What is an Objective Review? Do We Want Them?


Reviews are absolutely a hot button issue. As a community, we gamers seem to demand “objectivity”, but honestly, what is that? Does that actually help us?

One important question to ask is what is objectivity when it comes to art? Can we be truly objective? If you consider things like performance art, certainly: sports like figure skating, gymnastics, ballroom dance, etc. are all graded on a numerical scale, and there are very specific point demarcations of missing a factor in the performance. That’s a subtraction of .25 points for missing the triple lutz, but they made it up on the difficult of the performance. Then again, there’s room for subjectivity in those points: that’s why we always complain about those damn Russian judges who just can’t give any American a break!

So yes, to a degree there’s definitely room for objectivity. If a game’s buggy, then points should definitely be lost in the review. If it wasn’t what was promised, the same. Does it add anything new to the industry or genre? Points should definitely be added. The list of possible objective categories goes on.

The Escapist : Jimquisition : The 100% Objective Review

Jim Sterling’s recent “100% objective review” lampoons the entire concept of what is a purely objective game review, and yes he straw-mans the hell out of the point. There is room for objectivity about “does the game deliver what was promised?” Then again, he is onto something. A completely objective review would be lifeless. Opinion is at the very heart of any review.

The very act of assigning point values to anything is subjective. At one publication, bugs might cost a total of .25 points, at another, it might be .5, or yet another there might be a threshold of bugs before points get deducted. Then again, it could also come down to the nature of the bugs. If one publication found bugs, but another didn’t, is the review still objective, since that’s a subjective experience?

A lot of these calls for objectivity remind me of the above scene from Dead Poets Society (1989). When we implement a strictly objective viewpoint of art, we rob them of their power and what really makes them art. There absolutely must be room for subjective interpretations of all parts of the art, from technical performance, to themes, to execution. When we tell reviewers their personal feelings on any of these points don’t matter, then the review itself doesn’t matter. Art is only fully realized through the eyes of the audience, and there are as many perspectives as there are viewers.  It’s up to us, as gamers, to read more than just the number score and determine whether the review takes into account what we would take into account.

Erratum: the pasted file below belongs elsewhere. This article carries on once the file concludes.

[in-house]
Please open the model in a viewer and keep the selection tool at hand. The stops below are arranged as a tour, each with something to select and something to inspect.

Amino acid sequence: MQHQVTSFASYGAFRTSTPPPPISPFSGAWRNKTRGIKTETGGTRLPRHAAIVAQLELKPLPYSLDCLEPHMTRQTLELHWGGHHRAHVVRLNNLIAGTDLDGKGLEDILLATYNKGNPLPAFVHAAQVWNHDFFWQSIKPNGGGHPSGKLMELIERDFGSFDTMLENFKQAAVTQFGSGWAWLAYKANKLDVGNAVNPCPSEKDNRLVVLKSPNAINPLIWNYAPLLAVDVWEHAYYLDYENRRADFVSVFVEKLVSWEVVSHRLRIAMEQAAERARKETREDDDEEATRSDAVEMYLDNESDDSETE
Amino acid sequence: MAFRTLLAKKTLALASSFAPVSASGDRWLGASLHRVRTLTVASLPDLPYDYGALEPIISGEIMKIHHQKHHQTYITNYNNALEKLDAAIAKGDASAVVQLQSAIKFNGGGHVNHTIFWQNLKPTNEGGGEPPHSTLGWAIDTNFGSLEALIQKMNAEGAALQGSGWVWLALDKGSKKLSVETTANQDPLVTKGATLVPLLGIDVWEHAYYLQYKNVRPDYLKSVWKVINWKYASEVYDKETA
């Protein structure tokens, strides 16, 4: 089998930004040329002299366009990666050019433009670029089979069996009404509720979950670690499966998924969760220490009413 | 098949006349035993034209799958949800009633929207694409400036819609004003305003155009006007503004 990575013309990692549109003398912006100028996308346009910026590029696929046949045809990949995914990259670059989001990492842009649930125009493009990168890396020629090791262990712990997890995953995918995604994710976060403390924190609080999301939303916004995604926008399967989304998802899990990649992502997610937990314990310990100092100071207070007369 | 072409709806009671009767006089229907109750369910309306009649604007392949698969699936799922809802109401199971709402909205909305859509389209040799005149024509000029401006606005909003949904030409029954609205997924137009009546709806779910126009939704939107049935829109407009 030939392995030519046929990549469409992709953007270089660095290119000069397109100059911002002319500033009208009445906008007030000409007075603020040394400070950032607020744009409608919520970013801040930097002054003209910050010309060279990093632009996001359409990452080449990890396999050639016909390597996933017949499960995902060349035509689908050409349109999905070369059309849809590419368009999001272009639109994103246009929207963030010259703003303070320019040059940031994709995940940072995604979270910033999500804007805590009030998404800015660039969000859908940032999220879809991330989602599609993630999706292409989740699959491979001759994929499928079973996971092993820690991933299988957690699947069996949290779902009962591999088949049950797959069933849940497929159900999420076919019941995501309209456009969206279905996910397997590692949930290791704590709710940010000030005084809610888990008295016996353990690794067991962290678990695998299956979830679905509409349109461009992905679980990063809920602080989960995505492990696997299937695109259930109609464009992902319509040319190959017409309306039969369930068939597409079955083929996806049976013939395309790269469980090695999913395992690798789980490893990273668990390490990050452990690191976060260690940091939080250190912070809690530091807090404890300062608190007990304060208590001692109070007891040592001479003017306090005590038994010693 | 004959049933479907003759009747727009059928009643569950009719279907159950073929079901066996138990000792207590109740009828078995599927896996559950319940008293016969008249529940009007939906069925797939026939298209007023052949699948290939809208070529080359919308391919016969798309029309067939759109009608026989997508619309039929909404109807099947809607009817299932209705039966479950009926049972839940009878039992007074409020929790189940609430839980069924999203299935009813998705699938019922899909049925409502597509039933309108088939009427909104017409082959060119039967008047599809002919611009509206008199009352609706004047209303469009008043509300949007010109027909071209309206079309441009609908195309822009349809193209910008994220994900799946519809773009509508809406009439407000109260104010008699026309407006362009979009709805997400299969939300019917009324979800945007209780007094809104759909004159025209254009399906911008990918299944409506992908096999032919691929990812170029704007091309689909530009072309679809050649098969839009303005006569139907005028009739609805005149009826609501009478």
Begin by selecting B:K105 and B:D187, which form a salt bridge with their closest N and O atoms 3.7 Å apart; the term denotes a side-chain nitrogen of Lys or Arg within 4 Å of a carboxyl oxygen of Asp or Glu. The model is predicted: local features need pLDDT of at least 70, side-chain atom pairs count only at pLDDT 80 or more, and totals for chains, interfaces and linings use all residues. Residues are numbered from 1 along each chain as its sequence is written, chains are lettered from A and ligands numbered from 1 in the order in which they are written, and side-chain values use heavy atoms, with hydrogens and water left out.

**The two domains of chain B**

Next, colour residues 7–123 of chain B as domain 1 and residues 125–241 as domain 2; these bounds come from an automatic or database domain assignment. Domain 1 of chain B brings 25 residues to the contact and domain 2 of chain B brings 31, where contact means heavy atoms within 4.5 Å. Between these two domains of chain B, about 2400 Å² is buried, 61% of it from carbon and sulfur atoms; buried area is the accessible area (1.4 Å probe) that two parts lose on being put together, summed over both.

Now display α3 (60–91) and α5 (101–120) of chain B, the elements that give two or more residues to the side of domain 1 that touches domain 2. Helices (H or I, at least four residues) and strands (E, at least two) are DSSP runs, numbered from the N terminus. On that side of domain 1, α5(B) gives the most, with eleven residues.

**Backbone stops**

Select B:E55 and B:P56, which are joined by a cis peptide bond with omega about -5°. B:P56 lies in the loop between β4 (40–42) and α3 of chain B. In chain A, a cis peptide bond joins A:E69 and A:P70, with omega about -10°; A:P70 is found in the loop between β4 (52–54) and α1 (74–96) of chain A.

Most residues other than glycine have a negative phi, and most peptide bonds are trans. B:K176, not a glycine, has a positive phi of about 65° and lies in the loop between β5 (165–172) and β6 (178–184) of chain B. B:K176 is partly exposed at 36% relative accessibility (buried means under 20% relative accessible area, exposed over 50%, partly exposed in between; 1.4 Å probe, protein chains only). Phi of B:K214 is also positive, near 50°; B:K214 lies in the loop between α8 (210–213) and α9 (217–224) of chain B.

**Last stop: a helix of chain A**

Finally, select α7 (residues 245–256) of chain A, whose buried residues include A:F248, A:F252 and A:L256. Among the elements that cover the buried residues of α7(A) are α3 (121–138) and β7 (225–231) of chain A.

Accountability should also be placed on the reviewer, however. Their biases matter, but it’s important to consider how much their biases affect the review, and adjust accordingly. If I don’t like Call of Duty as a franchise and I review Call of Duty; Advanced Warfare, I should take into account my personal feelings on the genre, set at least some of them aside, and judge the game on its individual merits in the FPS space. The review might be a little harsher than someone who is a fanboy of the series, but so long as those biases are understood and the review still remains fair, then there is no problem.

As with so many other debates, the nuanced opinions get drowned out in the comments section, and there needs to be more room for nuanced opinions, and nuanced reviews. Is the system currently broken? Absolutely. Metacritic is hurting the industry in many ways, but that doesn’t mean subjectivity should be thrown out the window. Instead, it just means we need to understand it more and its real place in reviews. The call shouldn’t be for more objectivity, but better stated subjectivity. Reviewers must justify the scores in a clearer fashion, and gamers need to understand that subjectivity is okay, and disagreement is okay.

About Stephen Crane

Stephen was hooked by the NES at a very young age and never looked back. He games on a daily basis and is currently trying to climb his way up the ranked ladder on League of Legends! Outside of the video game world he actually likes running and owns a rapidly growing collection of toed shoes. Stephen Crane is the owner of Armed Gamer.

Recommended for you